A couple of recent preemption developments warrant mention.
In Horn v. Boston Scientific Neuromodulation Corp., 2011 U.S. Dist. Lexis 102164 (S.D. Ga. Aug. 26, 2011), the defendant, a manufacturer of a PMA medical device, won preemption of a claim that’s often lost, and lost preemption of a claim that’s often won. The upside (from our defense standpoint) in Horn was the court’s treatment of negligence per se, which can be a form of unpreempted “parallel violation” claim. To escape preemption, the plaintiff alleged that the defendant’s representative violated an FDA “quality system regulation” about “storage areas” because she kept devices in her home overnight before delivering them to hospitals for use in surgery. The court held the claim preempted because that regulation – “or any QSR for that matter” – was too broad and vague to be a basis for a parallel claim. Id. at *20-25. So Horn is precedent for knocking out a whole category of FDA regulations (QSRs) for preemption purposes.
On the downside, the plaintiff’s express warranty claim in Horn survived. That’s because it wasn’t the usual allegation of some sort of broad, generic guarantee of device “safety.” Instead, the defendant offered an express five-year limited warranty. Because the plaintiff alleged that the device’s battery malfunctioned less than five years after implantation, the court held that this warranty – not anything the FDA reviewed – gave rise to an unpreempted claim. Id. at *28-31. Then the court unilaterally changed the terms of the warranty, eliminating its warranty’s express limitation remedies to replacement as “unconscionable,” id. at *31-33, citing the UCC’s provision regarding “consumer” products. We think that’s wrong because prescription medical products, particularly implantable devices, can only be used by licensed doctors, and are not available to patients. Thus they’re not “consumer” products. But the court in Horn decided that no good deed would go unpunished. The takeaway – a PMA manufacturer making a non-FDA warranty should expect to get sued.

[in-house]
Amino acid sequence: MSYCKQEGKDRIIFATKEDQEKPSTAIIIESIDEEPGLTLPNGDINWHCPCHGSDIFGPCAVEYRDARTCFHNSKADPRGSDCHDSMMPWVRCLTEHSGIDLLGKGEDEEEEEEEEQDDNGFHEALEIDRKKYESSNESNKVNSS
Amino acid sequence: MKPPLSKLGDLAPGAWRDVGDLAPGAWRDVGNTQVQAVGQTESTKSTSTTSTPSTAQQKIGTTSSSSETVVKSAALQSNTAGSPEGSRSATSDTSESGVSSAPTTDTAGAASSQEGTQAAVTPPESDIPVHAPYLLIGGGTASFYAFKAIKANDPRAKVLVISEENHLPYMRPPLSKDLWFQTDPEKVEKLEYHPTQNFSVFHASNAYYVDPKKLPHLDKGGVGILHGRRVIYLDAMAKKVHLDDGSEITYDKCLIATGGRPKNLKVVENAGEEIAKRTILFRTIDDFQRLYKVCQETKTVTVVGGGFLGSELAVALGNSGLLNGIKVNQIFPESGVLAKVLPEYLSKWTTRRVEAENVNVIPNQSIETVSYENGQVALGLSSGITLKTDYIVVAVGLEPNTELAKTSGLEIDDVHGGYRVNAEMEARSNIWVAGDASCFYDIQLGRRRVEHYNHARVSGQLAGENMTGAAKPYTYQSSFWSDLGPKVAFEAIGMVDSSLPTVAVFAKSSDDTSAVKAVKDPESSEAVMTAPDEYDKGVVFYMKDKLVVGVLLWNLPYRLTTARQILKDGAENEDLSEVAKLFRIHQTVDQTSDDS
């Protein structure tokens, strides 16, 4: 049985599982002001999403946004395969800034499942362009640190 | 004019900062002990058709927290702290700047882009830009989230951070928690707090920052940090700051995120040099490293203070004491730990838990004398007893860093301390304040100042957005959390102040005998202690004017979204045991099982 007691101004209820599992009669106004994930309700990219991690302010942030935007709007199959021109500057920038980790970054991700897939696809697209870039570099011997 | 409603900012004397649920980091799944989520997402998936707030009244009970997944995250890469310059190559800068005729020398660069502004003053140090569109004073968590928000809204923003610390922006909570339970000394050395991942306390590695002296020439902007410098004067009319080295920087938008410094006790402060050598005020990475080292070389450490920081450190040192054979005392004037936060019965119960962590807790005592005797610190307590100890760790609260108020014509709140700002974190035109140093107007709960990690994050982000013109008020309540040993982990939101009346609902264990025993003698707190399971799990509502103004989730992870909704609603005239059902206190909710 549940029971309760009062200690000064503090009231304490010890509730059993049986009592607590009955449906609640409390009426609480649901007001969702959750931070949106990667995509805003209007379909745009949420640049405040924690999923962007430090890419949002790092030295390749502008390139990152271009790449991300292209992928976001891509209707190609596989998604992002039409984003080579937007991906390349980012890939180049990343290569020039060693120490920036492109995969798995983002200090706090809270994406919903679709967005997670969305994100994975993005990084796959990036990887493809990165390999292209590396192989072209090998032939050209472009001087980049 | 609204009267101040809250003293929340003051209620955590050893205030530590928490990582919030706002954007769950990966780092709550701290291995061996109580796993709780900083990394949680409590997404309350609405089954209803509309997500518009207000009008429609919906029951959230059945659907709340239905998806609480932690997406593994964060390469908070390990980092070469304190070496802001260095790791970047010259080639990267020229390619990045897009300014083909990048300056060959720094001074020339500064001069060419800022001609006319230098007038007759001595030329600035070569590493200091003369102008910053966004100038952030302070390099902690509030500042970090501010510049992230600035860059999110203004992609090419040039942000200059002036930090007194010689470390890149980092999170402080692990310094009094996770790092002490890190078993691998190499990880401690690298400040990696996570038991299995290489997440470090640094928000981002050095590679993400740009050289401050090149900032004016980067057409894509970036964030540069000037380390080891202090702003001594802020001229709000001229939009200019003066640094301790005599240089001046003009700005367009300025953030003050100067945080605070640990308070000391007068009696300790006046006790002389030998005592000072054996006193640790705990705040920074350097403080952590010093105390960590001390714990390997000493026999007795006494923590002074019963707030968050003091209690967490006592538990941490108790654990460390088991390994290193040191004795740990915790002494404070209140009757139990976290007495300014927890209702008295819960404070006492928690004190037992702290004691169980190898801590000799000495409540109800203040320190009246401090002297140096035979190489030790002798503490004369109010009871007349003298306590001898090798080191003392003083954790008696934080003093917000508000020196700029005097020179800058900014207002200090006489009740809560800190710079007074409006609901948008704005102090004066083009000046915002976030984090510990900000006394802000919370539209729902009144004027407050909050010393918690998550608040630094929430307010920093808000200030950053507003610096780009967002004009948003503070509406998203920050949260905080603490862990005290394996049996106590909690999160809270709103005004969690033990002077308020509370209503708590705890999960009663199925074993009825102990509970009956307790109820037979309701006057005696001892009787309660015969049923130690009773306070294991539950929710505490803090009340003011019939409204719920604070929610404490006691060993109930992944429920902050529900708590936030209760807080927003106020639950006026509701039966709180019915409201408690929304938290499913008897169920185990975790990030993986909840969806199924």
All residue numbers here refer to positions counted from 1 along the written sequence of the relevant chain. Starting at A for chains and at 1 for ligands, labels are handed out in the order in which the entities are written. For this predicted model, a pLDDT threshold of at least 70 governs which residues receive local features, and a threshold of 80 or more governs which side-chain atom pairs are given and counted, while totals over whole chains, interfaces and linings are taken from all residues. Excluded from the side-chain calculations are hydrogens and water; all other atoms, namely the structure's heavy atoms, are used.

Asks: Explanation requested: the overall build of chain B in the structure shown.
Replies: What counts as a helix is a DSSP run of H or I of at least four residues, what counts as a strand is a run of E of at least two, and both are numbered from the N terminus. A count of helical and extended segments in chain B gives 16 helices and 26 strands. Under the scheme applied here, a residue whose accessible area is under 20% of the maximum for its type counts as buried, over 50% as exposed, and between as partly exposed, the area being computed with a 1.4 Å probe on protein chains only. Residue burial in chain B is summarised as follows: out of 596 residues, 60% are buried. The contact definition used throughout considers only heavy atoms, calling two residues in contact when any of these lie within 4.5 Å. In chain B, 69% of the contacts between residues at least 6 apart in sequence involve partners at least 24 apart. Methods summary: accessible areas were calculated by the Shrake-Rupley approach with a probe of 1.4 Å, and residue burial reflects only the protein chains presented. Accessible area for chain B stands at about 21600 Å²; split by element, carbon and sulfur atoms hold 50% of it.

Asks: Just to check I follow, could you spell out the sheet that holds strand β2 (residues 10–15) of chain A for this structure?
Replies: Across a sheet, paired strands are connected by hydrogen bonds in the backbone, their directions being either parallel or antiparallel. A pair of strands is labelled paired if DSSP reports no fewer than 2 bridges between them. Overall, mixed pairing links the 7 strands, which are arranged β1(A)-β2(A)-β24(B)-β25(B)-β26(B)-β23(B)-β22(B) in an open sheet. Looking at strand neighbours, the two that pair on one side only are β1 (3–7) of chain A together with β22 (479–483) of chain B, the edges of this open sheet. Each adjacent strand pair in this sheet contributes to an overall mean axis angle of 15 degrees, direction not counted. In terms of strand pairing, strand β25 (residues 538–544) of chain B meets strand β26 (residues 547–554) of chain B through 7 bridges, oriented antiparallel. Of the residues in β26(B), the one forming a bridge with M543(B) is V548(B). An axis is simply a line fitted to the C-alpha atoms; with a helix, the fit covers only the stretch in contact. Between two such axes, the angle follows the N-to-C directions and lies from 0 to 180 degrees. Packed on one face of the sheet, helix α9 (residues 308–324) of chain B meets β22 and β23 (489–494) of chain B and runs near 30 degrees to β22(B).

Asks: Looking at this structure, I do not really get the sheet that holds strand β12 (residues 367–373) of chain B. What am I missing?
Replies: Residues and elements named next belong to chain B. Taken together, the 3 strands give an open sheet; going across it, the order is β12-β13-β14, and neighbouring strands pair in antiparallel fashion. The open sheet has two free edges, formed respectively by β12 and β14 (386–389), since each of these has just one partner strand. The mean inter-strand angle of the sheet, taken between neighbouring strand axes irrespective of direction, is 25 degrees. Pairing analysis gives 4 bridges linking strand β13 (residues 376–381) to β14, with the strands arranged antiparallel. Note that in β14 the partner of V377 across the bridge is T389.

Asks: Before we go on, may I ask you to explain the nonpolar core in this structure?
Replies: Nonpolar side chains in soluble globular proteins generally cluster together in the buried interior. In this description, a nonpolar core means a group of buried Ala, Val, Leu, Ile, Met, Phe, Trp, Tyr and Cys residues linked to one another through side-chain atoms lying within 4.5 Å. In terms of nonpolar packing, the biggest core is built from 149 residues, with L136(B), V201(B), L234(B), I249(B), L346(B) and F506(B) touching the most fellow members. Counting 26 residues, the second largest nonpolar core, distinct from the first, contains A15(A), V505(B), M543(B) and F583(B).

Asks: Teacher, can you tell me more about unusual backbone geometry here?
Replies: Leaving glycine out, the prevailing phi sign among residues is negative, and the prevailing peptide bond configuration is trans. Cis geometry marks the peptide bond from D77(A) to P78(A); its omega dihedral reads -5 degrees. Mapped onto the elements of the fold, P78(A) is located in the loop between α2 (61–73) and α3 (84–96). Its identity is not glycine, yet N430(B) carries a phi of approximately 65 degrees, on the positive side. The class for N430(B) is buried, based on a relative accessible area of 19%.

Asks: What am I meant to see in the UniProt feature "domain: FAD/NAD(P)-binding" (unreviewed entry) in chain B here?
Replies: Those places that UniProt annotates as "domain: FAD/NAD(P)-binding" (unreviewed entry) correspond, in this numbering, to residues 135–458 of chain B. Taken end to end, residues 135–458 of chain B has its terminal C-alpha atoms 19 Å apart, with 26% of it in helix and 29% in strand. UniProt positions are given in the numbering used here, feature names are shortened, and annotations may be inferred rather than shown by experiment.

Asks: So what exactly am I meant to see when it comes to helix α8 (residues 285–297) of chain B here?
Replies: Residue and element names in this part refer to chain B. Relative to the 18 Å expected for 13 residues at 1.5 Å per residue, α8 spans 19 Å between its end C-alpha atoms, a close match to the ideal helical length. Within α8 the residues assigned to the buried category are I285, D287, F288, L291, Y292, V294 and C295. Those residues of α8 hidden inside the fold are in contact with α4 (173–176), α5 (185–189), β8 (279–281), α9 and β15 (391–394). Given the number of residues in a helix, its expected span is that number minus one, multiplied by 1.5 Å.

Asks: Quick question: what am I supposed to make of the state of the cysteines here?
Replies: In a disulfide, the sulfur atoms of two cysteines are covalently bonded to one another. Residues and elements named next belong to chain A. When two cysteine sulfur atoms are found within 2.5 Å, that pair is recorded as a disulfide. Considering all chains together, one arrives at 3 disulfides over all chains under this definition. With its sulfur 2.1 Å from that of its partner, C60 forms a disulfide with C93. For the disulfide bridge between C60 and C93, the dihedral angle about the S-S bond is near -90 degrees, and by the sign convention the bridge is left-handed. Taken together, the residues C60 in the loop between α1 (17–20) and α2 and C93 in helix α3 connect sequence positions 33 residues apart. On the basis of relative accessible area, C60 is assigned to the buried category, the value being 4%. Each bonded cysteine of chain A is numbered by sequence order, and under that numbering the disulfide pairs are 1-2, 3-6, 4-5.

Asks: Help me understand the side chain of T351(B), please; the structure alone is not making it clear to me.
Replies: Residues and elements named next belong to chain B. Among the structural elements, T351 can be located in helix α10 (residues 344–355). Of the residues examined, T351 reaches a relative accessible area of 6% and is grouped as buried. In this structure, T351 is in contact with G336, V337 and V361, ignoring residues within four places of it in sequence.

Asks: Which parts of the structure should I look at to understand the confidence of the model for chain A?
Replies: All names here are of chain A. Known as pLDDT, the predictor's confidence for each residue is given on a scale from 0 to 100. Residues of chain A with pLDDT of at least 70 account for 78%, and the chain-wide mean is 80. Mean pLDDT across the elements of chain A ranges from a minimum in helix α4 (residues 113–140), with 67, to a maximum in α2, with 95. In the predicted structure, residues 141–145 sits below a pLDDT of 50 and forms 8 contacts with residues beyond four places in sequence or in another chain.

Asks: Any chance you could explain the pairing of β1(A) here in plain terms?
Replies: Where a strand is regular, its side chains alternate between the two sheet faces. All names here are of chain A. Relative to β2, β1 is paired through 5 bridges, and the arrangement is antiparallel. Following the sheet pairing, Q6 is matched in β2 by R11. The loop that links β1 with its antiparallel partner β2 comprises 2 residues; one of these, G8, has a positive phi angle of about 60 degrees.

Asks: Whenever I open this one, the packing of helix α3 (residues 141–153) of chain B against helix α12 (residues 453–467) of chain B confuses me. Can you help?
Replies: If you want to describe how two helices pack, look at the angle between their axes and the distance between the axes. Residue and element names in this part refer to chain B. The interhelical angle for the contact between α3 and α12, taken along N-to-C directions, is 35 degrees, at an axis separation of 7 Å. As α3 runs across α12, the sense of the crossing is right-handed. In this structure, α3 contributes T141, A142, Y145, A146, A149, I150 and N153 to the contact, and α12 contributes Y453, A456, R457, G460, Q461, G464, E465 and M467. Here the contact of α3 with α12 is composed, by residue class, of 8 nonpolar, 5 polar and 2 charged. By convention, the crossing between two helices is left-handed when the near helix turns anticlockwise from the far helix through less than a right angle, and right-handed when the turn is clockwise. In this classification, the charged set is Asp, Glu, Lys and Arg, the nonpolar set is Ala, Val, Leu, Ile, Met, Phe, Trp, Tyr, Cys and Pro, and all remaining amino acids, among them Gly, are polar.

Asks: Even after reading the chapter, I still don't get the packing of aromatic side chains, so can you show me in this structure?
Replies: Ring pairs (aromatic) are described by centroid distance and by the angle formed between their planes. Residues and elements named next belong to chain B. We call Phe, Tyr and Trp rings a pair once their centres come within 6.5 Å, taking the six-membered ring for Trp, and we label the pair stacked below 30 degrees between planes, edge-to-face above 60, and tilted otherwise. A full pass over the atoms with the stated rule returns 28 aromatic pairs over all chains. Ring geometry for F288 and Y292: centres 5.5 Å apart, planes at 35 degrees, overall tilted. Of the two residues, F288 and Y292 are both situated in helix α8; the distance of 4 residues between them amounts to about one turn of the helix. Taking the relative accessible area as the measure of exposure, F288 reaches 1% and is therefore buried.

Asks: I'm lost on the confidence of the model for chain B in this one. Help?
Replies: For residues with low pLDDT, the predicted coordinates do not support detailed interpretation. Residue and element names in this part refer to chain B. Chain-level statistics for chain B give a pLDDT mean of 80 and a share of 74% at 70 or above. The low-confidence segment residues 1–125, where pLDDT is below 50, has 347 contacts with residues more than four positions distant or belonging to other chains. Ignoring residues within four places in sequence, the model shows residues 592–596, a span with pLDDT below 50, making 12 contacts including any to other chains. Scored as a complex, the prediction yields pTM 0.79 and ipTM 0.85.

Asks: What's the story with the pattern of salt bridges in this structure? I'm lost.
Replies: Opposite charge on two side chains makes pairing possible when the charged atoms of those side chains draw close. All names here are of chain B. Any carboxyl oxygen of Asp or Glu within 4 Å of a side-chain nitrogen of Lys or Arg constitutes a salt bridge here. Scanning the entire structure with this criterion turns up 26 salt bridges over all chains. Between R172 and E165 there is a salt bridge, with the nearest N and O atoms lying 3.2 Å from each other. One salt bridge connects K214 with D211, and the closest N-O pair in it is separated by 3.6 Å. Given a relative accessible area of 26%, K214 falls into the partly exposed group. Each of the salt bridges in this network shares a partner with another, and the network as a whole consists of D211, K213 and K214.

After PLIVA, Inc. v. Mensing, 131 S. Ct. 2567 (2011), generic plaintiffs are picking through the wreckage much like we had to do after Wyeth v. Levine, 555 U.S. 555 (2009). One straw that they seem to have grasped is the “Dear Doctor” or “DHCP (that stands for ‘dear health care professional’)” letter. Specifically, they’re claiming that they can gin up a state-law duty obligating generic manufacturers to send out such letters as long as they are the same as existing drug labeling.
From a policy standpoint, we can hardly think of anything so useless. Doctors are overwhelmed with reading material already – now they’re supposed to be inundated with Dear Doctor letters that don’t even purport to tell them anything new? And how is such a thing supposed to be causal? Almost every state’s law rejects claims based upon warnings that only tell people what they already know/have already been told.
Nevertheless, in Brasley-Thrash v. Teva Pharmaceuticals USA, Inc., 2011 U.S. Dist. Lexis 102858 (S.D. Ala. Sept. 12, 2011), the court held that such a futile claim is, at least, unpreempted. Only in March, 2008 did the FDA require pre-approval of Dear Doctor letters. Id. at *7. Therefore an allegation of a duty to send redundant Dear Doctor letters before that date is not preempted. Id. at *8. Fortunately, however, state law came to the rescue. Because state law only allows liability where the warnings are inadequate, and Mensing precludes any challenge to the adequacy of warnings, the claim nonetheless fails. 2011 U.S. Dist. Lexis 102858, at *9.
Then there’s Henderson v. Sun Pharmaceuticals Industries, Ltd, ___ F. Supp.2d ___, 2011 WL 4015658 (N.D. Ga. Aug. 22, 2011), where the plaintiff attempted to retrench after Mensing with some sort of manufacturing defect claim. Although there was an FDA warning letter to the defendant, plaintiff couldn’t link it to the drug in question – let alone the units of the drug actually ingested. Id. at *4. The same problem befell their negligence claim – nothing in their panoply of allegations had any relationship to the pills that the plaintiff took. Id. at *5.
While these cases knocked down a couple of off-the-wall theories, we expect for generic drug litigation to generate bizarre allegations for the foreseeable future.